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South Australian Rooftop Solar Penetration Grows

Originally published on RenewEconomy.

One in five homes in South Australia has rooftop solar. In Melbourne, adoption rates in western suburbs outstrips inner city by a factor of 5:1

Some interesting data on the penetration of rooftop solar PV in the southern states of Australia was included in the interim results of one of the major private network operators, Spark Infrastructure.

According to Spark, the main electricity distributor in the state, the level of residential solar penetration in South Australia has grown to 19.2 per cent as at June 30, confirming anecdotal estimates that one in five houses in the state now have rooftop solar in the state.

The level of penetration rose from 17.2 per cent a year earlier, and helped contribute to another 4 per cent fall in electricity volumes from residential customers, along with a 9 per cent fall in hot water. Spark has 835,000 customers in South Australia, most of them residential.

The story in Victoria was quite different. Spark owns two distribution networks in that state, one based on the western suburbs of Melbourne  (Powercor) and the central and western regional districts, and another on the inner suburbs of Melbourne and the CBD (CitiPower).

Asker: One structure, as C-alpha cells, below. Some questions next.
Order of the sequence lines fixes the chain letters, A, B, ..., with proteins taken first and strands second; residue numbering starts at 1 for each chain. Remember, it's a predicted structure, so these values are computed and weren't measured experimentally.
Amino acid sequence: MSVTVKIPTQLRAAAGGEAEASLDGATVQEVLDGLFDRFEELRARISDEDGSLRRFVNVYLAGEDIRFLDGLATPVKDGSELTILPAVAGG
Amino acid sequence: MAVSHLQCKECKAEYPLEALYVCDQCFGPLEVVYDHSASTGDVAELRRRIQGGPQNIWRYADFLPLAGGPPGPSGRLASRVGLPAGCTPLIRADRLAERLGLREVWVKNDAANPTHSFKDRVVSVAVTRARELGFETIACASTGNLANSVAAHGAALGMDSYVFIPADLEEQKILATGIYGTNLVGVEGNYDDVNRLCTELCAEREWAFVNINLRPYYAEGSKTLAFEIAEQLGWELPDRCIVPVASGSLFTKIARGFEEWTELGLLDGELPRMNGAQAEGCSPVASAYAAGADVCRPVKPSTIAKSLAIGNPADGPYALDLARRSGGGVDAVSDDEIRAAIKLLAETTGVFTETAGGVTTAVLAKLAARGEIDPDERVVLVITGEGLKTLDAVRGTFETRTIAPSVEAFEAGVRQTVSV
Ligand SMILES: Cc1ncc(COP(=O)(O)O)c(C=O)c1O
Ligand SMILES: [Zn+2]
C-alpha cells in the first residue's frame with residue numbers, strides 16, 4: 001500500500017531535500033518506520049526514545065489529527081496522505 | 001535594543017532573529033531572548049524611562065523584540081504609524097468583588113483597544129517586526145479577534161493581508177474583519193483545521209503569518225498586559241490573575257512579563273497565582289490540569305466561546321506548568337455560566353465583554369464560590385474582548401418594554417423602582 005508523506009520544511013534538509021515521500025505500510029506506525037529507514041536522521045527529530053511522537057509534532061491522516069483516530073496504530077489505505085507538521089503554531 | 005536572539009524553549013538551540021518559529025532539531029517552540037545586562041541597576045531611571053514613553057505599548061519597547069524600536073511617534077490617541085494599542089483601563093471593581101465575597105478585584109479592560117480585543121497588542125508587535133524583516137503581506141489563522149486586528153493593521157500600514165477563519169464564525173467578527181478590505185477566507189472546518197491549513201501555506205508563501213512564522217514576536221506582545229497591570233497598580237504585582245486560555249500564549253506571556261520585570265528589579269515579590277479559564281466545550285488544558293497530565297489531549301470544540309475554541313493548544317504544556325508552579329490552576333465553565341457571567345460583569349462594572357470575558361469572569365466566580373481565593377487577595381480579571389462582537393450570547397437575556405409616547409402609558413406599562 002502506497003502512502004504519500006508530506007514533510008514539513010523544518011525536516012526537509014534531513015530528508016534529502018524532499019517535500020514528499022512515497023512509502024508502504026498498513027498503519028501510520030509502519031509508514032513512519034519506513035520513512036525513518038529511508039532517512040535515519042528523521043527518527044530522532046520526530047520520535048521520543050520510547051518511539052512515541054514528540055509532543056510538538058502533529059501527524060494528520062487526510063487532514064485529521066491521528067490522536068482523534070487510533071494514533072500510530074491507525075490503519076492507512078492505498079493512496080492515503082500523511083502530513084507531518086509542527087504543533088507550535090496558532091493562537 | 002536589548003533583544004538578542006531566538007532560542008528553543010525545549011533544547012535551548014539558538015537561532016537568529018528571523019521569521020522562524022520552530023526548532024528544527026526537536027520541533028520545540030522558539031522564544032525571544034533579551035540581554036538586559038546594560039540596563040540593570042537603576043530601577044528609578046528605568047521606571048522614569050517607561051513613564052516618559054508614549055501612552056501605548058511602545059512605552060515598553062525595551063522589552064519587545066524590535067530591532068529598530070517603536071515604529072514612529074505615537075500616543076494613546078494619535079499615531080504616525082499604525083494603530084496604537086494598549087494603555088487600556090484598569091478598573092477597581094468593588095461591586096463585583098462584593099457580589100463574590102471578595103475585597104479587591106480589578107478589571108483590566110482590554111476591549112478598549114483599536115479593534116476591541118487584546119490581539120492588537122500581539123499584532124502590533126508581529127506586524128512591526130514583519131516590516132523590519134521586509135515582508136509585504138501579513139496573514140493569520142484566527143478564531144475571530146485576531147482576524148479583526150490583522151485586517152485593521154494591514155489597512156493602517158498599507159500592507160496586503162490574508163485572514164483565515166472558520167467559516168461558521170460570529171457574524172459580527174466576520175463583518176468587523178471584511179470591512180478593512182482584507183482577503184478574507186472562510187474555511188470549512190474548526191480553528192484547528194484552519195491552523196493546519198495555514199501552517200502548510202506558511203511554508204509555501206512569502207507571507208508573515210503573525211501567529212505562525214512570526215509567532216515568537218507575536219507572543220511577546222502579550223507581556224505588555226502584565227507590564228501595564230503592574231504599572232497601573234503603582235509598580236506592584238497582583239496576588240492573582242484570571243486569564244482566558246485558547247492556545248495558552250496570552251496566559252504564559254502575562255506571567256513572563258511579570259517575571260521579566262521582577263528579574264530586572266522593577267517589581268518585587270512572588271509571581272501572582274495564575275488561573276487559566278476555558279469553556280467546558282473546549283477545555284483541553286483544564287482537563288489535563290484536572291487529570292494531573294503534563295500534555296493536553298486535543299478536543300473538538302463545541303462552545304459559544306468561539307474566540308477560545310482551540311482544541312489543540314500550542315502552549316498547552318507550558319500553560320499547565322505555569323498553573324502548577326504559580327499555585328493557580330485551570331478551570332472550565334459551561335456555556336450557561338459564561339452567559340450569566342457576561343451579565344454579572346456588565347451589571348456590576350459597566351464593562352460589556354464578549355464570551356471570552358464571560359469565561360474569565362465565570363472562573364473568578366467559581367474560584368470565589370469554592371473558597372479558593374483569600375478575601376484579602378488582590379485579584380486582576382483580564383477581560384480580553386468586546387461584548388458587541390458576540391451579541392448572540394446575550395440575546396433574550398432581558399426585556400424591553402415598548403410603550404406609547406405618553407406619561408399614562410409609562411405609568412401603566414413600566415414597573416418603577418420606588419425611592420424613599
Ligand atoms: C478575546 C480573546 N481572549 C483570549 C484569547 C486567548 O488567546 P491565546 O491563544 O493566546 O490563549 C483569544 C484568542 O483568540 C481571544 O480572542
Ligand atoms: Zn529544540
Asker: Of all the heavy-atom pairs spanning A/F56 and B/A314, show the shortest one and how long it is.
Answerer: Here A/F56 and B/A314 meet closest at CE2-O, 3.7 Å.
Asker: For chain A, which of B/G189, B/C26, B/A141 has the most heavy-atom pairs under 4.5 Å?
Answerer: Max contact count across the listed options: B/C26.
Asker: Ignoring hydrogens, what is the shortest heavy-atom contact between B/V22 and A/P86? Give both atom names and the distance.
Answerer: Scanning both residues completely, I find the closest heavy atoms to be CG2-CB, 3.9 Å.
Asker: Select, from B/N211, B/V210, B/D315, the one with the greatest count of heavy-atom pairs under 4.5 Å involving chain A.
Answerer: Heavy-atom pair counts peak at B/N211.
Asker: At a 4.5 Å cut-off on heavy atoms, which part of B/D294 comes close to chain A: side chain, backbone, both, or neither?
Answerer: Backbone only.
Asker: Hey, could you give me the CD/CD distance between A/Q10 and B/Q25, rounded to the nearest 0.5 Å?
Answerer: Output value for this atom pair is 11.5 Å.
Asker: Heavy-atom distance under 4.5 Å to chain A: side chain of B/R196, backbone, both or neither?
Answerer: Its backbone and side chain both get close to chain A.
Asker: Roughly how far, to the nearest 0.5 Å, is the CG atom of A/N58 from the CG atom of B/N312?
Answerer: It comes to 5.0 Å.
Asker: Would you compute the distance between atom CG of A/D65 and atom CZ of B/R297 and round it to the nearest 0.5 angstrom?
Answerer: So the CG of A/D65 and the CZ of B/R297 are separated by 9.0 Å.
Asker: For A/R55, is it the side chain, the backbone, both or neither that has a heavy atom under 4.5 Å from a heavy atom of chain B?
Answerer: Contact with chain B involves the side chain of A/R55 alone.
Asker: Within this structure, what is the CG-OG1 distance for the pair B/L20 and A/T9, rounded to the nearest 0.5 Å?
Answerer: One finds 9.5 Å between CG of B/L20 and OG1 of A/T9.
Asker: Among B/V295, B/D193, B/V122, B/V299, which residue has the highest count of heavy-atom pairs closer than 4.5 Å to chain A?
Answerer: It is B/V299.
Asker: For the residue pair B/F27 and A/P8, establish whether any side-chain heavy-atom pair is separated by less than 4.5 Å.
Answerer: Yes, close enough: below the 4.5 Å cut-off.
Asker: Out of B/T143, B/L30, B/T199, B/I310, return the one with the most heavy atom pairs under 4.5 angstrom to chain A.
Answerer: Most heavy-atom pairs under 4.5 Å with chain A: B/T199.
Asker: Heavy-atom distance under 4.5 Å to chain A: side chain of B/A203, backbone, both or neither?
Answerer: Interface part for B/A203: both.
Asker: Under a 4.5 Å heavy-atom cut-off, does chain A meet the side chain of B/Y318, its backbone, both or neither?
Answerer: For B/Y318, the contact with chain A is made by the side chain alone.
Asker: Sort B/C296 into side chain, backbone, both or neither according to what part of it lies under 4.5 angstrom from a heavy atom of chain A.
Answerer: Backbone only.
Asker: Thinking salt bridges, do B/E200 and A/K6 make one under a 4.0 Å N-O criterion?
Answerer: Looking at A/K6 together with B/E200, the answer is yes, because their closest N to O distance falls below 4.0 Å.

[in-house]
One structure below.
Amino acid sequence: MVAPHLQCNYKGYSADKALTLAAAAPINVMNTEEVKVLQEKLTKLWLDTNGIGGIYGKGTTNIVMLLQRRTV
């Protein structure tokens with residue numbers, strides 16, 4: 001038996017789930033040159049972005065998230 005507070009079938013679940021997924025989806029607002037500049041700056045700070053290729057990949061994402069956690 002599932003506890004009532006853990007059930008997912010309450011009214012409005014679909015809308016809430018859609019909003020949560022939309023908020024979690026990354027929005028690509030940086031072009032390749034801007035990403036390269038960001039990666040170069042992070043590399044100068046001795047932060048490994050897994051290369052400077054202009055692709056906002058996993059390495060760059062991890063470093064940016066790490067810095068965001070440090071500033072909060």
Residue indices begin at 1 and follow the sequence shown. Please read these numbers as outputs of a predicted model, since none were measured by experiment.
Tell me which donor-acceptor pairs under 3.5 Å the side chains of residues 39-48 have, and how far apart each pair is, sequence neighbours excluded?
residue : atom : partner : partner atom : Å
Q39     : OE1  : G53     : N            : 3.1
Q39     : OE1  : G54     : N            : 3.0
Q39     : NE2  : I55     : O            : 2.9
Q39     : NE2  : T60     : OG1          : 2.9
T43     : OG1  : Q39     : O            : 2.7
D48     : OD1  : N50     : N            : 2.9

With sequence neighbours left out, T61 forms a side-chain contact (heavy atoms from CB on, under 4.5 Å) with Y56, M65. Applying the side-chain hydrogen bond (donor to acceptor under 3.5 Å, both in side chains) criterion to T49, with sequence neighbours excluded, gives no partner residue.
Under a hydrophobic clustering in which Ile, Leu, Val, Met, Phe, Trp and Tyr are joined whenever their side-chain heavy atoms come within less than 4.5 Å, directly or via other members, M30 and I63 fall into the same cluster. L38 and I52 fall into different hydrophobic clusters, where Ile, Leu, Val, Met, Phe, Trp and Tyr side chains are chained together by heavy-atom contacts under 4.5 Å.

The penetration of rooftop solar in PowerCor’s area (it has 774,000 customers and accounts for more than one quarter of the state’s electricity users  rose to 10.4 per cent of homes from 8.0 per cent a year earlier, while in CitiPower’s area, the penetration in the inner city rose to just 2.3 per cent from 1.8 per cent.

Screen-Shot-2013-08-26-at-7.39.01-PMPowercor’s electricity volumes from homes were down 3.3 per cent over the year, while CitiPower’s were relatively muted because of the low penetration, but fell 0.8 per cent.

In all three areas, the consumption of electricity by small and large business increased, offsetting the decline in residential consumption.

Despite the fall in consumption and the impact of solar PV, Spark’s revenues are protected because the bulk of them are regulated under setting from the Australian Energy Regulator.

The latest five year period, which has shown consistent over-estimates of consumption, will conclude in 2015. From then on, it could get more interesting for the network operator.

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Written By

is the founding editor of, an Australian-based website that provides news and analysis on cleantech, carbon, and climate issues. Giles is based in Sydney and is watching the (slow, but quickening) transformation of Australia's energy grid with great interest.


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